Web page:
The Russians began the conquest of Siberia during the reign of Ivan the Terrible (1530-1584). In the 17th century deportations of criminals to Siberia began. There were also educated people who noted the miraculous ways of the locals.
Particularly from the Chukchi Peninsula and Kamchatka, there were stories in which the shamans dressed in festive costumes danced with witch drums, fell into the notch and got in touch with the ancestors' lives. They traveled afterwards seeking advice on their tribe's problems. All of this was made possible by the red fly sponge.
Later, actual explorations and descriptions of the use of the red fly fungus began in Siberia. Apparently it has been used over a wide area from Inari to Lapland to the Bering Sea.
The fly fungus was sometimes used, without its greater shamanistic purposes, to celebrate communion. Only men enjoyed the sponge, but women were able to chew the dried mushroom slippery and wrap it in a little bun that was easy to swallow. When fresh, the fly fungus was generally not consumed because it was feared too toxic. According to the researchers' notes, the effect of the sponge began to appear less than an hour after eating with trembling legs and hands. Then those involved began to jump, dance and sing. Others screamed or were terrified. In the end, everyone fell into a deep sleep. During this they experienced hallucinations. They were manifested in a variety of beautiful or scary visions that were truly felt and remembered. Some told about traveling to strange countries or even their own future. The rampage phase and the sleep phase repeated several times, gradually suppressing.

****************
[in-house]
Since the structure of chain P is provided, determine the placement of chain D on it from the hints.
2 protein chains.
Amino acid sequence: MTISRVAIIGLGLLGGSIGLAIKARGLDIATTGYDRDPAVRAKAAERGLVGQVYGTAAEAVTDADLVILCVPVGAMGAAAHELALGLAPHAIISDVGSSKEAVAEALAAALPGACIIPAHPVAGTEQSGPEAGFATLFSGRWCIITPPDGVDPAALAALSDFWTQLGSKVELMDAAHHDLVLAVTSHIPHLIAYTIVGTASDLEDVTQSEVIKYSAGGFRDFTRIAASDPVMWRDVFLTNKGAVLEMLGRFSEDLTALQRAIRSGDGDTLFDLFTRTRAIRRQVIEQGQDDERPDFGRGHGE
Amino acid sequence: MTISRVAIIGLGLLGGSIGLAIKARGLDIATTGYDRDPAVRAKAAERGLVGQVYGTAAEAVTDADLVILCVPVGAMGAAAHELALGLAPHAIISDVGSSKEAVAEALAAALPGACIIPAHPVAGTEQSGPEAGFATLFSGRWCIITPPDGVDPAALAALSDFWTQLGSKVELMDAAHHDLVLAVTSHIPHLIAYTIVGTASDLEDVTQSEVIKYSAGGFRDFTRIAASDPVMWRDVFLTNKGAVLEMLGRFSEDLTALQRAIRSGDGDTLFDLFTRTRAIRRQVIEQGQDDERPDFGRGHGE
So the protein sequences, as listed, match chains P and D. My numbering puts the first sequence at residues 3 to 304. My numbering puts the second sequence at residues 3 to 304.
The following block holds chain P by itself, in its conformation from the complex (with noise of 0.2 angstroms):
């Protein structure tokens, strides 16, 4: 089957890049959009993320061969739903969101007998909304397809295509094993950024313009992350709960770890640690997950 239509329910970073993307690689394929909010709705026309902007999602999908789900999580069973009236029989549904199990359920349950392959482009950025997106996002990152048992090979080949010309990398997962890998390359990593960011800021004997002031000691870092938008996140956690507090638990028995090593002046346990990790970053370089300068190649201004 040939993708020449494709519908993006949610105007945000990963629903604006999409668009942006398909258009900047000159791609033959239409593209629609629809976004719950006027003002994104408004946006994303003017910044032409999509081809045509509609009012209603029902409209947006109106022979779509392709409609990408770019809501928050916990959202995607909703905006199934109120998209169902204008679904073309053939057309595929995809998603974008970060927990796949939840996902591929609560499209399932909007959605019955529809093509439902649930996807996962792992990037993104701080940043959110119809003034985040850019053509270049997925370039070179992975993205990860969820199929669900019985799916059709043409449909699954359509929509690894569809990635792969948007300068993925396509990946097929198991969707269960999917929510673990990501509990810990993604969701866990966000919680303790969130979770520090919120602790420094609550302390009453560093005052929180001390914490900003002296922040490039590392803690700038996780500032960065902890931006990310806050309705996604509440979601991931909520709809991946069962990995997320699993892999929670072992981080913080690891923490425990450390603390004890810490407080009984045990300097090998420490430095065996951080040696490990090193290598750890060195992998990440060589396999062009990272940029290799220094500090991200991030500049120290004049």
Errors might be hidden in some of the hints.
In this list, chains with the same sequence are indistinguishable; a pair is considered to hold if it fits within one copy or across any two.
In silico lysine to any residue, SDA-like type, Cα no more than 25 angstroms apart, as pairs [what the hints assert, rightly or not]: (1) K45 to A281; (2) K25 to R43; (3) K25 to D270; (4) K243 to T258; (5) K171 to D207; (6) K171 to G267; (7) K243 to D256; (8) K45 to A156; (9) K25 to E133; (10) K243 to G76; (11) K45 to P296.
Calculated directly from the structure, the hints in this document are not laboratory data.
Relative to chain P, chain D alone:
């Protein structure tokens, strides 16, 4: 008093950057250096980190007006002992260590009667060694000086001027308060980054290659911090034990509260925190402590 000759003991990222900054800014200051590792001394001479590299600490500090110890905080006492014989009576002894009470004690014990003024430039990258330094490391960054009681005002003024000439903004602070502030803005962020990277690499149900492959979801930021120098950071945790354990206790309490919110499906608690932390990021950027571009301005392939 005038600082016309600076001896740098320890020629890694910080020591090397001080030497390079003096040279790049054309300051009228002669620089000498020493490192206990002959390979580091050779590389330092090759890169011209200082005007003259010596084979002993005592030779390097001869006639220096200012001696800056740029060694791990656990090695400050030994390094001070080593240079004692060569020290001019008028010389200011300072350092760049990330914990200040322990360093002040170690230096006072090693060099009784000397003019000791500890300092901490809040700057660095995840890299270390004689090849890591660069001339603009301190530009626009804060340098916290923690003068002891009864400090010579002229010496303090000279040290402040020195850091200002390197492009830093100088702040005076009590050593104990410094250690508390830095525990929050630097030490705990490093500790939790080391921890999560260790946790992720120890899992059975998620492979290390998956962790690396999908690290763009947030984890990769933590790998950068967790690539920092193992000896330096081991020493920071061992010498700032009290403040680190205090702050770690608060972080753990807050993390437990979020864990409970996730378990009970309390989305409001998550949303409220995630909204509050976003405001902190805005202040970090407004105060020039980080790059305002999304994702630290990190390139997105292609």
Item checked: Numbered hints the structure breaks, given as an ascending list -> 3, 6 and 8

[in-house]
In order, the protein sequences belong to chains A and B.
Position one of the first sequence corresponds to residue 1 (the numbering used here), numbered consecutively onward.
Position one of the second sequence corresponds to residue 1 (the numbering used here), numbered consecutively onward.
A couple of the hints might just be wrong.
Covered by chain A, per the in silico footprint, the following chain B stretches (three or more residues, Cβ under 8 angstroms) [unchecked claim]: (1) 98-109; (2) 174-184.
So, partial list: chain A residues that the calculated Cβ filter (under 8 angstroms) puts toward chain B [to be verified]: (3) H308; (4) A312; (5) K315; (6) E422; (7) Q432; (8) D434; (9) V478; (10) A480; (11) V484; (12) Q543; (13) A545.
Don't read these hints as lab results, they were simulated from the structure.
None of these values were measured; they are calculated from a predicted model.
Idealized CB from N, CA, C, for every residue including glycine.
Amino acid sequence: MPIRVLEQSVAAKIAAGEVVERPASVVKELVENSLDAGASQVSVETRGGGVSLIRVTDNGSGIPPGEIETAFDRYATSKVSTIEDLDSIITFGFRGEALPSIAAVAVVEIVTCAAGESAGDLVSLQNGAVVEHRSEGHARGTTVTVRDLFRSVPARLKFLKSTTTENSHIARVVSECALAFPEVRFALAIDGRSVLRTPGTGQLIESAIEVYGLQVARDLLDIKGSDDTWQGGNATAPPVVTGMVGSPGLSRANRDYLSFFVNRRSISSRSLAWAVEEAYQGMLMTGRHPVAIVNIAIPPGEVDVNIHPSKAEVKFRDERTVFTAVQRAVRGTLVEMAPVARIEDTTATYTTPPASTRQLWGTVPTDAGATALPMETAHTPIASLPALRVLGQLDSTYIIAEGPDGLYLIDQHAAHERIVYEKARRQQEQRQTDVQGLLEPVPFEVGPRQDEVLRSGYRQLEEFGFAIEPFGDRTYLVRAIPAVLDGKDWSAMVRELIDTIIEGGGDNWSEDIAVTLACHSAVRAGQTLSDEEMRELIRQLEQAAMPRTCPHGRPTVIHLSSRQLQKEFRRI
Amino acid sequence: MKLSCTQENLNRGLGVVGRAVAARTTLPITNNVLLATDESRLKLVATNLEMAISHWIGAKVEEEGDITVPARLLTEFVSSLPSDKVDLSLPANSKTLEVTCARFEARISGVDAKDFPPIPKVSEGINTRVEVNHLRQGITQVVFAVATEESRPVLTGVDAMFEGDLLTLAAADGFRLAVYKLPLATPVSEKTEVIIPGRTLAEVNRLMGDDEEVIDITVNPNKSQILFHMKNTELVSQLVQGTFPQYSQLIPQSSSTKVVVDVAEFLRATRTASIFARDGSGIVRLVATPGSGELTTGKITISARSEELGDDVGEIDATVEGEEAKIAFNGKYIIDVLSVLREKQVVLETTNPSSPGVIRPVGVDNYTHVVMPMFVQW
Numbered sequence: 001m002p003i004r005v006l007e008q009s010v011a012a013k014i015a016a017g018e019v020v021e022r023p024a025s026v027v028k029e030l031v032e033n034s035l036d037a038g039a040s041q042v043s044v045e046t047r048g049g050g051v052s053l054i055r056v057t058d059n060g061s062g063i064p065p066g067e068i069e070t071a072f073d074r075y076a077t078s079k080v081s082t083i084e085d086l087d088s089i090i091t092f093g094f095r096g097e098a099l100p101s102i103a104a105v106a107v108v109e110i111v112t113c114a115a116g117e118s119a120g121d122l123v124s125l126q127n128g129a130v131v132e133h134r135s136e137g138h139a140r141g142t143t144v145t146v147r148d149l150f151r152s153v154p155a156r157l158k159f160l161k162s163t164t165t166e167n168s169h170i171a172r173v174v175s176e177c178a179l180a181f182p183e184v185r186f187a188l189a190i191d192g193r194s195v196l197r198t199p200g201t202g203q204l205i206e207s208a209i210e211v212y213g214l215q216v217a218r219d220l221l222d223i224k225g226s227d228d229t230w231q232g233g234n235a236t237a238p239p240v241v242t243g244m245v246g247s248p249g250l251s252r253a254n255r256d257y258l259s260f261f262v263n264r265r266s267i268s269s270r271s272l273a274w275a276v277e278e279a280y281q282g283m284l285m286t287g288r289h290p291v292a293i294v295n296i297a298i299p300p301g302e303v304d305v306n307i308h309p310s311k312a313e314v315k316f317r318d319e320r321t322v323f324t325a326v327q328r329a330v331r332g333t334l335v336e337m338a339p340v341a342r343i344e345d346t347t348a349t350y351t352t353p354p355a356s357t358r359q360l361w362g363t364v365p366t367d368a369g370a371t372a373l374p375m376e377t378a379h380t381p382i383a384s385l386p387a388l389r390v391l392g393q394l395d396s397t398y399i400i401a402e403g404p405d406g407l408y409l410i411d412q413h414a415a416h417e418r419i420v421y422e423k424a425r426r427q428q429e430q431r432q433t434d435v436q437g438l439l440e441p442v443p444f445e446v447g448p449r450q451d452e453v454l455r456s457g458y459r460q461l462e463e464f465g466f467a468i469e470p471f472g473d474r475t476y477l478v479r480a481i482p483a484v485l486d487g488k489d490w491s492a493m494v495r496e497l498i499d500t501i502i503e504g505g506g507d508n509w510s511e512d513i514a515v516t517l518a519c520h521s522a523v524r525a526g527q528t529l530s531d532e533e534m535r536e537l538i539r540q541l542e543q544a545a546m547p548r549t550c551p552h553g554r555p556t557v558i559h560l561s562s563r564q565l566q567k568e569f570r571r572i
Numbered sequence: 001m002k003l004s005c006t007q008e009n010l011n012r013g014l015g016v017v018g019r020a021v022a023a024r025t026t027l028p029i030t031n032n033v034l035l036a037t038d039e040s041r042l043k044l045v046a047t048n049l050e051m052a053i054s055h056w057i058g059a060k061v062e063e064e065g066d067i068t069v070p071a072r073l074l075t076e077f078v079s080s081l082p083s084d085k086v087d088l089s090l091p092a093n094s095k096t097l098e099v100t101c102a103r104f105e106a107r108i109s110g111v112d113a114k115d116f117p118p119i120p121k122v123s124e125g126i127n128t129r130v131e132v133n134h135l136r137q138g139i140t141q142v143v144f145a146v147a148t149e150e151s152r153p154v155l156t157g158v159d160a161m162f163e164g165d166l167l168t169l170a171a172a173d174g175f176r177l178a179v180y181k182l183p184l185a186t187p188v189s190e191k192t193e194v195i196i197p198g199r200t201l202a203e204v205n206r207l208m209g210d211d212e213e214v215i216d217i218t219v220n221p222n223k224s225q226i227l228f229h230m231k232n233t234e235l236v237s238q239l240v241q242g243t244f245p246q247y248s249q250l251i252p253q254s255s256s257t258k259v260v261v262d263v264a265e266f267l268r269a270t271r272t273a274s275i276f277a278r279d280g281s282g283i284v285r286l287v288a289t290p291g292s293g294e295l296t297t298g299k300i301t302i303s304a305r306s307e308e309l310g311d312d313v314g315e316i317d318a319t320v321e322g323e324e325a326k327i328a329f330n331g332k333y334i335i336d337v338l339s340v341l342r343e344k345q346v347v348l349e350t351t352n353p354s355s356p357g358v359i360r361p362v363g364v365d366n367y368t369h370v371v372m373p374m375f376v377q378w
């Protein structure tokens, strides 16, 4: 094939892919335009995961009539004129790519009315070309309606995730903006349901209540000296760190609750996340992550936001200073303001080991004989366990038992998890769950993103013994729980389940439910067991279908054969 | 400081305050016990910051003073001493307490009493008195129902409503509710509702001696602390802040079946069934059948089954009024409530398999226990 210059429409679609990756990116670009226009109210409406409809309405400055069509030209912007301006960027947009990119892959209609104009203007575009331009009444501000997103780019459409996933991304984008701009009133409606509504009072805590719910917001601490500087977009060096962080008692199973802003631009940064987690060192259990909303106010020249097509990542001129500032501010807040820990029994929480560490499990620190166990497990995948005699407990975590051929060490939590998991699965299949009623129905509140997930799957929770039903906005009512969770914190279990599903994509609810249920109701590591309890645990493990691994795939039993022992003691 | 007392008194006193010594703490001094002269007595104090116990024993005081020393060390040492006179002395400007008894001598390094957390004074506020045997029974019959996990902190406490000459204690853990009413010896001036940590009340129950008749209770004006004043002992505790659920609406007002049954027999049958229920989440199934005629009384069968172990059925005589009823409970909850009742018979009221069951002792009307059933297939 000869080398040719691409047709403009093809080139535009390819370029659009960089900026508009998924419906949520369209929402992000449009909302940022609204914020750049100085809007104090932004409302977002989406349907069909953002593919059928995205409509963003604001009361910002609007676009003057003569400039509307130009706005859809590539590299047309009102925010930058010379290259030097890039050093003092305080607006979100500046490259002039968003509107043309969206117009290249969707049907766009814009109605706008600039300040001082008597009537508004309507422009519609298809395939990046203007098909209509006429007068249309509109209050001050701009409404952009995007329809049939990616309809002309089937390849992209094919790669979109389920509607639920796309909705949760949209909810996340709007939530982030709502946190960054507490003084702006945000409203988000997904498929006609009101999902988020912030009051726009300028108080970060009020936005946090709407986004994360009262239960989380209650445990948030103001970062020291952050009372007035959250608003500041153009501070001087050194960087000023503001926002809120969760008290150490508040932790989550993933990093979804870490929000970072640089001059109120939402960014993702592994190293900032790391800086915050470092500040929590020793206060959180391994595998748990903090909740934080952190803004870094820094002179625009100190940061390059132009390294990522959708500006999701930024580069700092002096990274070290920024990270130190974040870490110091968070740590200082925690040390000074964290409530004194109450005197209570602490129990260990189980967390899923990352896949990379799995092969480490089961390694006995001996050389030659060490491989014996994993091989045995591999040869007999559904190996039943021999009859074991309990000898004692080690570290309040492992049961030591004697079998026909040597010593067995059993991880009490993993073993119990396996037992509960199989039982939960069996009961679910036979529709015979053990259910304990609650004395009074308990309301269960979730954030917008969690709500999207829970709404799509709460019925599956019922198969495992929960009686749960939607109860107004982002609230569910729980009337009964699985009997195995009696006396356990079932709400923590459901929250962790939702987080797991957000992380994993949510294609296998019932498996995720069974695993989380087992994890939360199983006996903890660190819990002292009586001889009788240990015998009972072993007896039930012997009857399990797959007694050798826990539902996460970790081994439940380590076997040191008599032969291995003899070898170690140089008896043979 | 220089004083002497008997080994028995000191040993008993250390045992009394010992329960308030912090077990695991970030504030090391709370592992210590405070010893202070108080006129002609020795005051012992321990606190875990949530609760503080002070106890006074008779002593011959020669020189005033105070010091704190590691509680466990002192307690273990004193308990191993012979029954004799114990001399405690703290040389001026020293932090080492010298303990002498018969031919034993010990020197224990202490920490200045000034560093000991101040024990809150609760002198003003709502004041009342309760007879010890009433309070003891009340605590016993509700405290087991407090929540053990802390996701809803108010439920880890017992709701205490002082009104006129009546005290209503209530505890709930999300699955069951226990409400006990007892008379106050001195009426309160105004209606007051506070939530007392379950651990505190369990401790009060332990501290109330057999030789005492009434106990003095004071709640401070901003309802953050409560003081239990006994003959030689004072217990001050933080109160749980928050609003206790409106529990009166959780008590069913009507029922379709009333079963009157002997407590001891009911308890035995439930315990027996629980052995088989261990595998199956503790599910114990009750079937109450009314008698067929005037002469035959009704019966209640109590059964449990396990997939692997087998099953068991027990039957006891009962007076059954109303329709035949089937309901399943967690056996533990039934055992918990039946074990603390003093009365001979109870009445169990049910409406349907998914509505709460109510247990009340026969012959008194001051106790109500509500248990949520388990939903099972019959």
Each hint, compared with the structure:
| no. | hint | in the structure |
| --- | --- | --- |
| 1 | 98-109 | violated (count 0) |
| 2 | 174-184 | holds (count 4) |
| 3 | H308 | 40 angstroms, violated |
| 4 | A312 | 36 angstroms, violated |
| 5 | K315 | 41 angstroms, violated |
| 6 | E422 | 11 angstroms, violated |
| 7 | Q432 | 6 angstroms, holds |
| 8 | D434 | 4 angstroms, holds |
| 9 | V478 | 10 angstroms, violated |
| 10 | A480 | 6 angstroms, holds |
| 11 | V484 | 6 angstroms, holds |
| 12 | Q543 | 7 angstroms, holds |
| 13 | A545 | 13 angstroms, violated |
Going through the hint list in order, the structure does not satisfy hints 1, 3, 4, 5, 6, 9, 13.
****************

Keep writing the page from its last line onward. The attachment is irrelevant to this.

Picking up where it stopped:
The celebrant was able to lengthen his condition by drinking his own or other fungus-like urine collected in specially made leather cups during these rituals. According to the researchers, the urinary cups had a lot of peaks and the urine got even better feelings than the sponge itself. Apparently, the fungus hallucinogenic substances passed through the kidneys and further into the urine without being degraded. What remains to be solved is why the Siberian peoples had originally discovered this fact. Some amateurs also claim that reindeer are involved; when they like to eat mushrooms. Santa's red-and-white croaker would refer to the joyful colors of the fly and the ability of flying a reindeer team.
Few Western scientists dared to try the red fly fungus themselves. One of the experimenters was the Polish Josef Kopeč in 1797.
Immediately after enjoying the sponge, Kopeč fell into a deep sleep, where he passed through wonderful valleys, enjoying the beautiful colors and delicate scents of the flowers. As the dream progressed, he said that he had gone through all the childhood games of his former life and subsequent manhood events to his present day.
After repeated use of the fungus, he said his personality had become heavy-handed. The Finnish researcher Kai Donner also enjoyed the fly fungus in 1918 and became heavily intoxicated. He did not mention hallucinations.
Russian merchants and fur buyers were able to equip themselves with dried fly mushrooms for their Siberian travels and exchanged their mushrooms at expensive prices for Siberian treasures. Later, they discovered that fireworks were an even better means of exchange. Of course, chemical research has been carried out on such an effective fungus. It has been named for the central nervous system and psychotoxic toxins called muscarine, muscimol, muscazole and ibotenic acid. They are water soluble and easily decompose when cooked.
A forum for discussing Nordic sources.
1 post • Page 1 of 1